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Steel frames British Land’s sustainability strategy

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Richard Elliott

Many of the biggest projects in the busy City of London property development scene are overseen by one of the smallest client in-house construction teams in the market – only three people strong – including Richard Elliott, Head of Construction for British Land. Nick Barrett reports.

Backed up by a strategy of outsourcing most services, the British Land construction team manages a current works programme of some £850M, making it one of the biggest active developers in the country. The FTSE 100 listed British Land as the second biggest property company in the UK, with a £14,600M property portfolio of which 57% is in retail and 37% offices of which 95% is in central London, the rest being residential and industrial. British Land is currently one of the most active developers, with two major City buildings on site and a number of others in the pipeline.

It is striking how much of British Land’s current and recent development portfolio is steel framed. Steel framed projects on site now include the Willis Building, a 29 storey tower, in the City that featured in NSC in March 2006, and a two building scheme comprising the 35 storey Broadgate Tower and 12 storey 201 Bishopgate, both designed by Chicago based Skidmore, Owings & Merrill. Both of the towers have started on site and they will be joined by another big steel framed development, Ludgate West, in June this year.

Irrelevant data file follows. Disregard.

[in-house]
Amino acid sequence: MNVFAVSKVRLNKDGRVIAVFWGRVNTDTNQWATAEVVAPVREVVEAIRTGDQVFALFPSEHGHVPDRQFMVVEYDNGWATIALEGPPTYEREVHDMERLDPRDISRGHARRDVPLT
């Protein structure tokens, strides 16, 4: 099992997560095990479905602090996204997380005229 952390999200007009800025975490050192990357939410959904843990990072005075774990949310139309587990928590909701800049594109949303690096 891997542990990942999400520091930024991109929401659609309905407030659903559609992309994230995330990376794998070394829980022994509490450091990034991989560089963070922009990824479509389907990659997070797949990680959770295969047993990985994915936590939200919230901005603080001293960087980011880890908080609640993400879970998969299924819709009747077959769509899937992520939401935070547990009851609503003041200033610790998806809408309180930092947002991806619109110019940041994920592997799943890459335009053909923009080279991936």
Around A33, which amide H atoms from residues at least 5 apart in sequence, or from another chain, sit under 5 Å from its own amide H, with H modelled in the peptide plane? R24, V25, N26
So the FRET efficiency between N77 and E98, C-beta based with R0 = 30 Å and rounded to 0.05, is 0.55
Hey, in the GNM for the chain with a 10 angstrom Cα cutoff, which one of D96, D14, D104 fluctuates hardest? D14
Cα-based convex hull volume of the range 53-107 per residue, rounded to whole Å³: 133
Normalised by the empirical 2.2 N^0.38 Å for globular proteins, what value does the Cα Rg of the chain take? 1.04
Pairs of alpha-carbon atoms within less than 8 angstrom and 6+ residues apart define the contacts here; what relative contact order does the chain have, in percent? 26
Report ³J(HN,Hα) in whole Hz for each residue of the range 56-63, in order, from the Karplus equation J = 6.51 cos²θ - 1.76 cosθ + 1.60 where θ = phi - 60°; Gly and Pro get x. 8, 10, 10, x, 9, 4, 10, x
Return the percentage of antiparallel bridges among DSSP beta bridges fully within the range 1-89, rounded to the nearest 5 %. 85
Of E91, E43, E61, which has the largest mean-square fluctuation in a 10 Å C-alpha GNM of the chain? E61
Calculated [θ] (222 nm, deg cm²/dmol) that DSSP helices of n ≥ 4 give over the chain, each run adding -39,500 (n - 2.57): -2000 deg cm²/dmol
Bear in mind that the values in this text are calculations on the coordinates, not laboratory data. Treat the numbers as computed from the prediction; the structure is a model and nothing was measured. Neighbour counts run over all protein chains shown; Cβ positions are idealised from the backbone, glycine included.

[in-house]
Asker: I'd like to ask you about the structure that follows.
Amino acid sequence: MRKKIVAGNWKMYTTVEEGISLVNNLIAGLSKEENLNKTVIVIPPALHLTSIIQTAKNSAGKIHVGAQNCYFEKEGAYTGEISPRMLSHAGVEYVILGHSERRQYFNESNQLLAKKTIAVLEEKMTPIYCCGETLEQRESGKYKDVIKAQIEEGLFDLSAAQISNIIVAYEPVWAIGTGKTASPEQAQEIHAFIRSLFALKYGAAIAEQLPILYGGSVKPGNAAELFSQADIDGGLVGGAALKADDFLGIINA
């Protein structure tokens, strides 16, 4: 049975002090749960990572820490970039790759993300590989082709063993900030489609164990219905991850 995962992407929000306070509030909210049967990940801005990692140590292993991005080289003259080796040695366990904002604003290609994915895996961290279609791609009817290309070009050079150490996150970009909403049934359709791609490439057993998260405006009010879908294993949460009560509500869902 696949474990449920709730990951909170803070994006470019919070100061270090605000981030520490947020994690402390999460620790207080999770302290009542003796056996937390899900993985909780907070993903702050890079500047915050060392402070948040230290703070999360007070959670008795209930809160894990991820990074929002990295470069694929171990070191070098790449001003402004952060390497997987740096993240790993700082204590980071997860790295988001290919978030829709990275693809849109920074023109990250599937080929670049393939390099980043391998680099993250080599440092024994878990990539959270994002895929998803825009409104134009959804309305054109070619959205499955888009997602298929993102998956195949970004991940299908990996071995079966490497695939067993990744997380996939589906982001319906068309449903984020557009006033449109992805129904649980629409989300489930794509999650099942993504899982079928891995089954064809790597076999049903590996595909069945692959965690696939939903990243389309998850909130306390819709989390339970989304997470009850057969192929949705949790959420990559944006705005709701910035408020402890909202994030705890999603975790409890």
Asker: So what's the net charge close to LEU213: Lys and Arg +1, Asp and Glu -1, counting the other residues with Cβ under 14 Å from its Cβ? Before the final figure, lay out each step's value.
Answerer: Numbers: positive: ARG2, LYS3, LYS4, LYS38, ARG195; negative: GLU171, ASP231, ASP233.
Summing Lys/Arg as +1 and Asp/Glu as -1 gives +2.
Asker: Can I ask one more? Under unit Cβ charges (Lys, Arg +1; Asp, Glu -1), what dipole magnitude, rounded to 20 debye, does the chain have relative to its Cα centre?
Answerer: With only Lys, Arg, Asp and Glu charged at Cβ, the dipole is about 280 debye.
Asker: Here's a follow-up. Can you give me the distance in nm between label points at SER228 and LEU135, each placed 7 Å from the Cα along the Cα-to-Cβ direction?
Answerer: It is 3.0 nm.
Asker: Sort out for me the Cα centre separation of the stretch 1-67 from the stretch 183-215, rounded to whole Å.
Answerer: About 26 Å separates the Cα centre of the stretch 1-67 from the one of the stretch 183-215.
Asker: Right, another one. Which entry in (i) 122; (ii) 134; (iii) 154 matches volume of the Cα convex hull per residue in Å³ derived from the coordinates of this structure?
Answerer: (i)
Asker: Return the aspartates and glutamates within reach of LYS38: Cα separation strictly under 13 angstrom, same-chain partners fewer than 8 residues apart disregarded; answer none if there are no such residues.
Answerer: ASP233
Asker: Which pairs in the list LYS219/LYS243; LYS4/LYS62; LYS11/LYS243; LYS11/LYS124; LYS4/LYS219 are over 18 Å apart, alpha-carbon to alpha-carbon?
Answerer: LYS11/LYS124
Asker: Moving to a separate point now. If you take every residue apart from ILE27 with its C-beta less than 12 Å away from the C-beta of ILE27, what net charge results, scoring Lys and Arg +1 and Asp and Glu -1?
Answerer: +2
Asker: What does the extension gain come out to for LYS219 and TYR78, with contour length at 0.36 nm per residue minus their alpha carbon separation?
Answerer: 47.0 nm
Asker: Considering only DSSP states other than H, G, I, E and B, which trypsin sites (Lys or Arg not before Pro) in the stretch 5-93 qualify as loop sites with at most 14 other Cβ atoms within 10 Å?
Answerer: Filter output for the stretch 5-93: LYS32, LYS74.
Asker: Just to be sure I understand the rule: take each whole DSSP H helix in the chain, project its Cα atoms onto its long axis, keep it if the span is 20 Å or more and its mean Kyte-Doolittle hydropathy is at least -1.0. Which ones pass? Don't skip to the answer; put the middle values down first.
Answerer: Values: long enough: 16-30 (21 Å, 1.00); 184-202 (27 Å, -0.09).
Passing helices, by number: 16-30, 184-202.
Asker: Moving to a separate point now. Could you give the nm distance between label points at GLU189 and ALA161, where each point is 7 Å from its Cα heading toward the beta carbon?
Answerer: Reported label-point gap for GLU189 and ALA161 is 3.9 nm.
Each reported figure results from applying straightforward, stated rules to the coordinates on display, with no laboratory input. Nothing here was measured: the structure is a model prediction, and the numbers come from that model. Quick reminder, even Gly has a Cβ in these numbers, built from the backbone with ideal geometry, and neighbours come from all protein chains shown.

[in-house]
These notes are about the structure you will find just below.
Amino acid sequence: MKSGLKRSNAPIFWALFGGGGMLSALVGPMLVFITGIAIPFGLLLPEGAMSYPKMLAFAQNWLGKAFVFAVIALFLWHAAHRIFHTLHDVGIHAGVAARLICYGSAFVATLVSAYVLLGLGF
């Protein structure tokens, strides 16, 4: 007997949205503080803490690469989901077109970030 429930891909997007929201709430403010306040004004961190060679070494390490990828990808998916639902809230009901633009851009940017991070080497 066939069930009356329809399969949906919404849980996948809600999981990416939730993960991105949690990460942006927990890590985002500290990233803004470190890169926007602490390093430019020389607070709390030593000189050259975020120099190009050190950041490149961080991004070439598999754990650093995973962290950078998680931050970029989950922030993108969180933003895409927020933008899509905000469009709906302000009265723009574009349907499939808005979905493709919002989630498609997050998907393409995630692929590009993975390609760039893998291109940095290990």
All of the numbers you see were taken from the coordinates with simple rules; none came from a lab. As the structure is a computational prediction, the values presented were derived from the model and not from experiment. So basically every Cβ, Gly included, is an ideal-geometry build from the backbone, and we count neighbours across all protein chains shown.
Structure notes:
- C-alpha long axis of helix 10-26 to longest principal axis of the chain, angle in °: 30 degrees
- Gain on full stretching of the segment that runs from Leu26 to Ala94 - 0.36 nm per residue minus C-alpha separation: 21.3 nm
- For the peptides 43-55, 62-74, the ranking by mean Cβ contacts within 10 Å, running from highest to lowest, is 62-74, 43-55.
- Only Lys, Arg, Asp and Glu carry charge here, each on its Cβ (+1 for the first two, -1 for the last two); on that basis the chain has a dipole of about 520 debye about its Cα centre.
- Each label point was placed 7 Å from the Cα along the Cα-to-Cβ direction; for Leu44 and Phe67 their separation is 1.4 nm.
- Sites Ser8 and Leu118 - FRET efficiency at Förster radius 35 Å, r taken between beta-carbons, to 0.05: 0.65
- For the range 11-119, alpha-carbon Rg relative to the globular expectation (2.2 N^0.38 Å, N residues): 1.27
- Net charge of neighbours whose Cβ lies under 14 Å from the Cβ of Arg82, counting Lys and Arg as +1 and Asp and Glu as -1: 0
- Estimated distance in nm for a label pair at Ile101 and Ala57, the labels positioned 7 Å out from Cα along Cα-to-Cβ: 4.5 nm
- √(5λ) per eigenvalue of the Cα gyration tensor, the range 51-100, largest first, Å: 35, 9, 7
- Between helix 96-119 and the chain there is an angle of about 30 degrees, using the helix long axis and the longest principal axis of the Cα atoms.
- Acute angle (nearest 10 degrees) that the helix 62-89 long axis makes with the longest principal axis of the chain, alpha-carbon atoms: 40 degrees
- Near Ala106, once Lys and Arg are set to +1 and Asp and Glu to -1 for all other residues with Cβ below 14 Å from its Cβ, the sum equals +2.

There is no company policy about using steel and other materials will be considered where appropriate, says Richard. “But some projects just demand steel. There are some types of project that you couldn’t do in anything other than steel. On our Broadgate Tower building we have a five storey high steel “A“ frame that spans four railway lines  below. It is hard to imagine that in concrete.

“From an economic point of view steel usually wins out when compared to alternatives, after taking into account all factors including the costs of foundations. We like the predictability of the lead time that steel offers. Steel is also flexible and our architects value the greater freedom to express themselves that steel can give them.“